Ask Matt: ‘Magnum’s Premature Goodbye Aloha
Welcome to the Q&A with TV critic — also known to some TV fans as their “TV therapist” — Matt Roush, who’ll try to address whatever you love, loathe, are confused or frustrated or thrilled by in today’s vast TV landscape. (We know background music is too loud, but there’s always closed-captioning.)
One caution: This is a spoiler-free zone, so we won’t be addressing upcoming storylines here unless it’s already common knowledge. Please send your questions and comments to [email protected] (or use the form at the end of the column) and follow me on Twitter (@TVGMMattRoush). Look for Ask Matt columns on many Tuesdays and some Fridays.
Magnum’s Comfort-Food TV Will Be Missed
Question: I am in shock to hear that CBS has canceled Magnum P.I. It is, or should I say now was, one of my favorite shows. I have read about why it was canceled and understand that sometimes it really is all about the money, but man, this one really hurts. It seems to me that every year we see less and less of these family-friendly action-adventure shows. You know, the ones that are just so much fun to watch, the real comfort food of TV shows. So I guess my question is: Is there any chance that one of the other networks or streaming services will pick them up? — Justin
Matt Roush: There are two inevitabilities this time of year: unhappiness over favorite shows being canceled, and the long-shot hope that a streamer or other entity will rescue a show that has unexpectedly had its run cut short. (In Magnum’s case, the reboot lasted exactly half as long as the original’s eight-year run.) As Justin indicated, by all reports the cancellation of Magnum was very much a business decision after CBS and Universal failed to settle on a license fee, which is no doubt going to become even more prevalent as linear ratings on broadcast TV continue to soften and production costs remain high.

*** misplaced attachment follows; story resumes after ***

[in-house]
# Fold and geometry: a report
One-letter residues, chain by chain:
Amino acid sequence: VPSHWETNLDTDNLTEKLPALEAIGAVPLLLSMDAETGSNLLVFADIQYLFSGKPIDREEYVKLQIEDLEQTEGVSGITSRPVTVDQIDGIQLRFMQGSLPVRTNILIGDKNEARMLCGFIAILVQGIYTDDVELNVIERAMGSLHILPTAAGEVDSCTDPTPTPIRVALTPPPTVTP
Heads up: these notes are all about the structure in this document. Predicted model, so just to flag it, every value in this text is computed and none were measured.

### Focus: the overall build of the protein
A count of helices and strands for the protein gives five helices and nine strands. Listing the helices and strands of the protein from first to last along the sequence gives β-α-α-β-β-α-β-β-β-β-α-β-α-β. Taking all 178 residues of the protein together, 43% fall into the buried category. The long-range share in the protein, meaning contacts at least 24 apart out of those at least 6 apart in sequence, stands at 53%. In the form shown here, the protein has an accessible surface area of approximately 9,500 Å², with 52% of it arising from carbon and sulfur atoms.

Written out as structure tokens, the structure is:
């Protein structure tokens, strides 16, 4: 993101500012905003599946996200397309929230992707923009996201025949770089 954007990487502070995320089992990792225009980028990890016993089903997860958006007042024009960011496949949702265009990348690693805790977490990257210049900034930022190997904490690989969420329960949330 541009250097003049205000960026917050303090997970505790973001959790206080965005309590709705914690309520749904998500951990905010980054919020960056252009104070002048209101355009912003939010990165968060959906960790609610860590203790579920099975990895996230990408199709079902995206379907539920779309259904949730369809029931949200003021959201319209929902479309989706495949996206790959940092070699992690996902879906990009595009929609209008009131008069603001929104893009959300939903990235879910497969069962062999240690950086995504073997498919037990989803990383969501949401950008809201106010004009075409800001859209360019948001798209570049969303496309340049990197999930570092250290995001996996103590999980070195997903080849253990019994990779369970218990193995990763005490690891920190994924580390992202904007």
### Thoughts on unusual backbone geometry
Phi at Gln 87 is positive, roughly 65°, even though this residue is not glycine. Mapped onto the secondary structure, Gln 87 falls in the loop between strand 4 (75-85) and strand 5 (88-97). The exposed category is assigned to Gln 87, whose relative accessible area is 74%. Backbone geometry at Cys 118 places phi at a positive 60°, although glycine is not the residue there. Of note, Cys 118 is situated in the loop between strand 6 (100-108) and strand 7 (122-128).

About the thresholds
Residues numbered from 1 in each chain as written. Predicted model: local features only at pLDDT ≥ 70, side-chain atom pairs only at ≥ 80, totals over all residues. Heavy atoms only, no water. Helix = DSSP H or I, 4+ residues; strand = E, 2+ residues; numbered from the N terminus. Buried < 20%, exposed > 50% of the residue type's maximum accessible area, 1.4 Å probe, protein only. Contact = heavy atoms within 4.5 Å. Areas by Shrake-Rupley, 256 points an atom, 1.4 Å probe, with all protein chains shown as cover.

Last week’s cancellation bloodbath was one of the most extreme I’ve witnessed in some time, but very few surprised me. (These days I’m more startled when a marginal show gets renewed.) Magnum was an exception. CBS tends to let procedurals like these play out to at least the seven-year mark, so I didn’t see this coming until the industry trades began reporting on the negotiations between studios. Because Universal is the lead and original studio behind the franchise, the only way I’d imagine the show could continue is if they kept it going for their company’s Peacock streaming platform. This seems unlikely because of the show’s current presence on Paramount+ and who knows what other corporate complications, and I’m not aware of any such push within the company. The one argument in its favor would be the ongoing trend of reviving classic IP (intellectual property), which is how the Magnum reboot came to be in the first place. But for now, consider it a casualty of tough times for network TV.
More on the Magnum cancellation, which triggered the most response in my mailbox to date:
From Deb: I know this is the time when you get all the “how could they cancel X show” mail, but I cannot believe that Magnum was canceled. This was our feel-good end-of-the-week show, with a cast with chemistry and great scenery. As I’ve said before, the networks wonder why we don’t invest in shows, when they cancel things at the drop of a hat. To be fair, Magnum had four seasons, but why CBS would cancel a known show to start new ones is beyond me.